See it in theaters: 'Language Lessons'
"The biggest lesson that I learned—and this is as much due to directing two movies in one year as it is to the actual pandemic itself—is that I just had to stop wasting time doubting myself or having imposter syndrome and just do it," reflects Natalie Morales, the director, co-star, co-writer and co-executive producer of Language Lessons, in a feature on A.frame this week. "I had to learn that my stories and my experiences and my thoughts and my opinions are just as valid as some guy who went to film school, and perhaps slightly more necessary because they haven't really been seen as often." Morales, who also directed the teen comedy Plan B this year, plays an online Spanish teacher who develops a friendship with one of her students, played by Mark Duplass, who also co-wrote and co-produced. Shot in four or five days during lockdown, the movie's getting rave reviews, and is a testament to the creativity that can blossom despite—or perhaps because of—working within a tight set of constraints.
First ep streams Sunday on HBO Max: 'Scenes from a Marriage'
Writer-director Hagai Levi grew up in a small, religious kibbutz in Israel. Televisions were forbidden in households, but there was one at the communal club. "I was running away from the yeshiva into this club," Levi recalls in an A.frame exclusive this week, "and suddenly one night—I was 18, I think—Israeli television aired Scenes from a Marriage. I didn't know what I was watching. I didn't know anything about Bergman. I didn't know anything about cinema or the arts in general, but it was shocking. I knew that I was seeing something big, and that this was art." Decades later, Levi's miniseries adaptation of Ingmar Bergman's seminal 1973 Scenes from a Marriage is here. Academy members Oscar Isaac and Jessica Chastain—stepping into the big shoes of original players Erland Josephson and Liv Ullmann—play an American couple navigating their emotional roller coaster of a marriage. Classmates at Juilliard years ago, Isaac and Chastain are winning praise for their intimate chemistry, and this remake looks like a worthy retelling of Bergman's tender, superbly drawn tale.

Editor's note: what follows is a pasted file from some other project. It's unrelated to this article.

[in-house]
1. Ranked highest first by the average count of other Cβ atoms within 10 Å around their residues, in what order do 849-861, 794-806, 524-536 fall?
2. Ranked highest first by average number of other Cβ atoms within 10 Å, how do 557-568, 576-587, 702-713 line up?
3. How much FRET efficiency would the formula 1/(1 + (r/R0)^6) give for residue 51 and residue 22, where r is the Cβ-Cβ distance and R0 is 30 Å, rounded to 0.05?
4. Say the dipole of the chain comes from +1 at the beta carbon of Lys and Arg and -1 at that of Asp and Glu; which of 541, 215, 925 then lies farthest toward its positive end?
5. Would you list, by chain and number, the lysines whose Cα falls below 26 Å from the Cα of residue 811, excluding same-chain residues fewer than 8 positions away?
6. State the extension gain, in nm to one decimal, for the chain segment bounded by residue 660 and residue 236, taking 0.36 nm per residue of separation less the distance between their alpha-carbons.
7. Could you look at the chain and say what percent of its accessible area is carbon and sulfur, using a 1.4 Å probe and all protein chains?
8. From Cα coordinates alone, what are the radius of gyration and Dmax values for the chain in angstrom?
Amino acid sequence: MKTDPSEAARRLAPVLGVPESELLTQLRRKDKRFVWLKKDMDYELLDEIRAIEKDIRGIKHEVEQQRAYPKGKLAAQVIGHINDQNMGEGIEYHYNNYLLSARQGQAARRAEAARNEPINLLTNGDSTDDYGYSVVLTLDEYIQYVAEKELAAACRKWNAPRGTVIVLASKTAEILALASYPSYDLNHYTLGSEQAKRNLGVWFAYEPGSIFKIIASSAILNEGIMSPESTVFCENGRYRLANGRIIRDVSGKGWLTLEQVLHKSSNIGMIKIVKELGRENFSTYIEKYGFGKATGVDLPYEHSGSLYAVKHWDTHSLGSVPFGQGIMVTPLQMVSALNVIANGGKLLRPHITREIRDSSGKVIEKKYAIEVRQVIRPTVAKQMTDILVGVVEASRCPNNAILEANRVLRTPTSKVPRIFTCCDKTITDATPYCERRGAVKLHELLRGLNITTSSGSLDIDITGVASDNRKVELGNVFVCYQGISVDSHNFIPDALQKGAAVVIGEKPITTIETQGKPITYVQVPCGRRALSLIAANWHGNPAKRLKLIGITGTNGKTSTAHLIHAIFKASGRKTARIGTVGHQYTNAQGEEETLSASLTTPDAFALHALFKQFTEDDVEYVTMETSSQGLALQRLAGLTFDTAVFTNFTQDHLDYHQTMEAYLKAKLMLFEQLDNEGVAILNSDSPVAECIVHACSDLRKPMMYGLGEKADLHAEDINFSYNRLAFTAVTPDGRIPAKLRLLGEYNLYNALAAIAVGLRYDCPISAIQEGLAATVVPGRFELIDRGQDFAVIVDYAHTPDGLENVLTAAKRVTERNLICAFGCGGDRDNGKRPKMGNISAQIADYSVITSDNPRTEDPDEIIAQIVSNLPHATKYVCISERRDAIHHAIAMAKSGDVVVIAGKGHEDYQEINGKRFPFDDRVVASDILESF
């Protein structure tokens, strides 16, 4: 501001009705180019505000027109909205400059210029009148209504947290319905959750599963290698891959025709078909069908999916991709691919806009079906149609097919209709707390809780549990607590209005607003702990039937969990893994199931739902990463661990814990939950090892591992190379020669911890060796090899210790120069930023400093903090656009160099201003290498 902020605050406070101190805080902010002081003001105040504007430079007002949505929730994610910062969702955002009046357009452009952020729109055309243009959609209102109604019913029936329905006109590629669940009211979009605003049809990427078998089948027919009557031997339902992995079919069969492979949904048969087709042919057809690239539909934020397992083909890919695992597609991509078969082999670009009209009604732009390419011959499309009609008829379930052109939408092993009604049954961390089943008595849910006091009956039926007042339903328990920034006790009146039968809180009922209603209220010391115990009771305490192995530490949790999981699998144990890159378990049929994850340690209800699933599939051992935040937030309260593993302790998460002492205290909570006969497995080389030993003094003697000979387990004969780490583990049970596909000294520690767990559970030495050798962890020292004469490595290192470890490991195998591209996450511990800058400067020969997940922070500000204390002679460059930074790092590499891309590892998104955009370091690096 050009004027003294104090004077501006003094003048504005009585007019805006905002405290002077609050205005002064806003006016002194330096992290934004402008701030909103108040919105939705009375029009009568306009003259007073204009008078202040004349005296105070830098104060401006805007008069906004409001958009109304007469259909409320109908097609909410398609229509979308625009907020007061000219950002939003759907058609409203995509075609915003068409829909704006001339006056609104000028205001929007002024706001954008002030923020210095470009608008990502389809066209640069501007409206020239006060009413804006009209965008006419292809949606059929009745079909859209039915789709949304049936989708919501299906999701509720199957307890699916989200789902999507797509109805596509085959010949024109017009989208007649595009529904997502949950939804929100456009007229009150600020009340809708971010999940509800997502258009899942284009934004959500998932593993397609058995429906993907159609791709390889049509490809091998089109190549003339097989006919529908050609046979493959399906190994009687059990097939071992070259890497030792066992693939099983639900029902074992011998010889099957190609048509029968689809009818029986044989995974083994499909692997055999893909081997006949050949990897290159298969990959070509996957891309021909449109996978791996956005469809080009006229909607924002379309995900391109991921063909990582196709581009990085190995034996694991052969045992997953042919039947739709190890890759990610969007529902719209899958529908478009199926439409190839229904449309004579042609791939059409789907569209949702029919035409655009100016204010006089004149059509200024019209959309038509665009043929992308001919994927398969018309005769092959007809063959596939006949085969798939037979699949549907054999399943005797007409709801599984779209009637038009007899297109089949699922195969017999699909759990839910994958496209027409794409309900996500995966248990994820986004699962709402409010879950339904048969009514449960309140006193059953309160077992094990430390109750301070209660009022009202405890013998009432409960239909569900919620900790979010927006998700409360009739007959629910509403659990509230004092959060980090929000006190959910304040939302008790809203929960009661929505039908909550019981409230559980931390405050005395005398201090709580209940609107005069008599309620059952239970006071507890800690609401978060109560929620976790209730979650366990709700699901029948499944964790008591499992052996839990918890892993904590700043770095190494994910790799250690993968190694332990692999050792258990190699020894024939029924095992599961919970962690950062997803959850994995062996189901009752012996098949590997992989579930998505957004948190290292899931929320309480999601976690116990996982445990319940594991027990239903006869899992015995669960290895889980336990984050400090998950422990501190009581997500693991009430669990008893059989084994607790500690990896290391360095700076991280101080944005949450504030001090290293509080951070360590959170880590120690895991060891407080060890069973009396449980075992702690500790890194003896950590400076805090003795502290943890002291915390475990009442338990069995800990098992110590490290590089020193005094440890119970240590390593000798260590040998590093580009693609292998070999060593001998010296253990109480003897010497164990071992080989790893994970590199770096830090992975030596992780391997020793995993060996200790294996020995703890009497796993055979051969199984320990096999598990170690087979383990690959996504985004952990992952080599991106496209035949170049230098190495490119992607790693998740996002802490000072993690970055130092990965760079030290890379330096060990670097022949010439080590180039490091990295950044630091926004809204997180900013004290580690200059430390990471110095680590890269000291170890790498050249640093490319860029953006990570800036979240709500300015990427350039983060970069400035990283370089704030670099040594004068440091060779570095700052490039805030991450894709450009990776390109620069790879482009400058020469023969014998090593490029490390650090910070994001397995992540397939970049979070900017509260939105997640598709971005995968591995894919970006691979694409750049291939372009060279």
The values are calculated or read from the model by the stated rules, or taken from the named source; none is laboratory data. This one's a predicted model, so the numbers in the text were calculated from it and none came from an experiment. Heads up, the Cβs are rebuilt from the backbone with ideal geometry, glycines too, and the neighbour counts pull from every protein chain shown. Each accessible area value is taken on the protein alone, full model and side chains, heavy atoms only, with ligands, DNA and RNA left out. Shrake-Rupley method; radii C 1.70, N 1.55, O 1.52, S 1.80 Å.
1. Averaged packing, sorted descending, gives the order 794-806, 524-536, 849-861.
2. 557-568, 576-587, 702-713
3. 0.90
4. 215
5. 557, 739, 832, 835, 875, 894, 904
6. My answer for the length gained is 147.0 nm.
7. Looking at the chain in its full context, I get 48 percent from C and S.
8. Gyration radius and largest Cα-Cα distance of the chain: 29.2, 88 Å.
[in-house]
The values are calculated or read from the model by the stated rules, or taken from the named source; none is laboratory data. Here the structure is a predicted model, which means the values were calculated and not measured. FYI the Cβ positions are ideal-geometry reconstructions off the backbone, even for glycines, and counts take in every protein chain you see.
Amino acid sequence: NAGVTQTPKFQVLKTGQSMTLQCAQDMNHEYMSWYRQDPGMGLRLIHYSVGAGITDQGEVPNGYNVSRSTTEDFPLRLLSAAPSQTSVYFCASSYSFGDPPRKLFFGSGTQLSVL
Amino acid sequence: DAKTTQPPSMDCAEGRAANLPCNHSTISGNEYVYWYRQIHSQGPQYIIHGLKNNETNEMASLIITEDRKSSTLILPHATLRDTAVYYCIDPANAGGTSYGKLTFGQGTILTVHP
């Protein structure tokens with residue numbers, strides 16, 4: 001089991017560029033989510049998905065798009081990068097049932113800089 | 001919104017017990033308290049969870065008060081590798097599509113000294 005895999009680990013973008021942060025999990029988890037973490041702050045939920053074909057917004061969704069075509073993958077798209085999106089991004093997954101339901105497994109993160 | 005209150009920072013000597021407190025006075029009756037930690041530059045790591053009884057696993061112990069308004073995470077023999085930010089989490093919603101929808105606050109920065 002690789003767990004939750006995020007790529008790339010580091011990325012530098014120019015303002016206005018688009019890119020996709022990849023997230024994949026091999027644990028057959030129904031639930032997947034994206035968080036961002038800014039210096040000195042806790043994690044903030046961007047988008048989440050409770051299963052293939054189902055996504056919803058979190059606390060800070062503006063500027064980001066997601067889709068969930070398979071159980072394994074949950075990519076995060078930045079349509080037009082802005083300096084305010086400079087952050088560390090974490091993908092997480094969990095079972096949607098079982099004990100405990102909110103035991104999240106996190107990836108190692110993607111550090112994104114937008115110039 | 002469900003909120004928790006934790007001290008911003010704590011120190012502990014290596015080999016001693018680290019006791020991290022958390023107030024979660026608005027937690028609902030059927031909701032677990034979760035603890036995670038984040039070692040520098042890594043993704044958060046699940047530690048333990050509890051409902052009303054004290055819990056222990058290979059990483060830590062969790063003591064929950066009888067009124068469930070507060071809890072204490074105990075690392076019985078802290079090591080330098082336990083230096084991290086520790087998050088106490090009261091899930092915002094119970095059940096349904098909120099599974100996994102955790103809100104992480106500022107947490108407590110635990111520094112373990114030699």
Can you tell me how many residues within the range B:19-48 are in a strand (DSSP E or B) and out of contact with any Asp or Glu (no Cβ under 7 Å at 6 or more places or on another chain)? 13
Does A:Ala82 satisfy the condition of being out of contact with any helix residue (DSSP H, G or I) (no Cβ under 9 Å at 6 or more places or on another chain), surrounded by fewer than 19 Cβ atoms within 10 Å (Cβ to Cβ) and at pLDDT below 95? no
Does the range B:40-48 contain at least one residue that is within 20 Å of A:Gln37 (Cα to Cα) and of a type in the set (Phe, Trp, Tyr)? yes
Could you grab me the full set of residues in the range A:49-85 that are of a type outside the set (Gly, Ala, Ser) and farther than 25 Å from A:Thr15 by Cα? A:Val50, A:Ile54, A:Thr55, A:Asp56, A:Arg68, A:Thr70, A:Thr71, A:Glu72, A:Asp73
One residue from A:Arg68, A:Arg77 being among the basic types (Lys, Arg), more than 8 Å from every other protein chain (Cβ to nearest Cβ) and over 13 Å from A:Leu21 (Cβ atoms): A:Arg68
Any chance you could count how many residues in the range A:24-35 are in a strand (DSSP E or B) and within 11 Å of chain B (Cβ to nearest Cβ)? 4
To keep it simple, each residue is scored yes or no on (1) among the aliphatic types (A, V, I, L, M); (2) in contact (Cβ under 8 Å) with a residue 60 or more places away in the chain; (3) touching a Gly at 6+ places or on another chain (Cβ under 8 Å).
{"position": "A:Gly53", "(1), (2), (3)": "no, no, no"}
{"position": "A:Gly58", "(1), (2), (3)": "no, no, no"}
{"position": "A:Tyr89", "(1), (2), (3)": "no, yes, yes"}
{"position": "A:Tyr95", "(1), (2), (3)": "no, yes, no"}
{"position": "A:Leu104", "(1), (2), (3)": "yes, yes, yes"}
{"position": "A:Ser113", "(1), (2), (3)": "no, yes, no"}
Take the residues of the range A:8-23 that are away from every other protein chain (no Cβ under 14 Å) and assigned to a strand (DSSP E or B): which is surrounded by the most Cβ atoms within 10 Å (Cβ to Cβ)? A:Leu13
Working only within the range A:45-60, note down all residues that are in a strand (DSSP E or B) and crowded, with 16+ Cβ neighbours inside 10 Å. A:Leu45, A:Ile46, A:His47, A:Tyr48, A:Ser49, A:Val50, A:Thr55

ALSO: Here's Levi's list of his 5 favorite Bergman works.
Catch it in theaters: 'The Card Counter'
Oscar nominee and Academy member Paul Schrader's newest stars the ubiquitous Oscar Isaac as a poker player and U.S. army vet who, haunted by his time at Abu Ghraib prison in Iraq, takes the troubled son (Tye Sheridan) of his former army cohort under his wing. Thematically similar in certain respects to both Taxi Driver—Schrader wrote the classic screenplay to Scorsese's masterpiece—and the recent First Reformed, which earned Schrader his first screenplay nod, The Card Counter finds Schrader still very much at the top of his game, after an incredible five-decade career in films and film criticism. Also stars Tiffany Haddish and Willem Dafoe.
Also in theaters: 'Fauci'
He's become a household name over the course of the pandemic, and now he's got his very own documentary to boot. Anthony Fauci, the director of the National Institute of Allergy and Infectious Diseases, has been hard at work for decades—apparently toiling some 12 hours a day, 6 days a week, year after year after year. Despite this clear commitment to public health, his story is not without some controversy, and directors John Hoffman, a Doc Branch Academy member, and Janet Tobias are careful to give a nuanced account of the man in this intelligent and probing doc.
Pick it up on Criterion Blu-ray: 'Beasts of No Nation'
Academy member Cary Joji Fukunaga, who shot to prominence after directing the first season of the hit HBO series True Detective, earned accolades in 2015 for Beasts of No Nation, which he directed, wrote, produced and shot. Now available in a beautiful Criterion Blu-ray package, the film stars Abraham Attah (winner of the Marcello Mastroianni Award at Venice) as Agu, a boy who escapes his war-torn West African village and joins a guerrilla battalion led by the Commandant, played by Idris Elba. Featuring strikingly visceral cinematography by Fukunaga and a host of excellent performances, it's a vital addition to your home collection.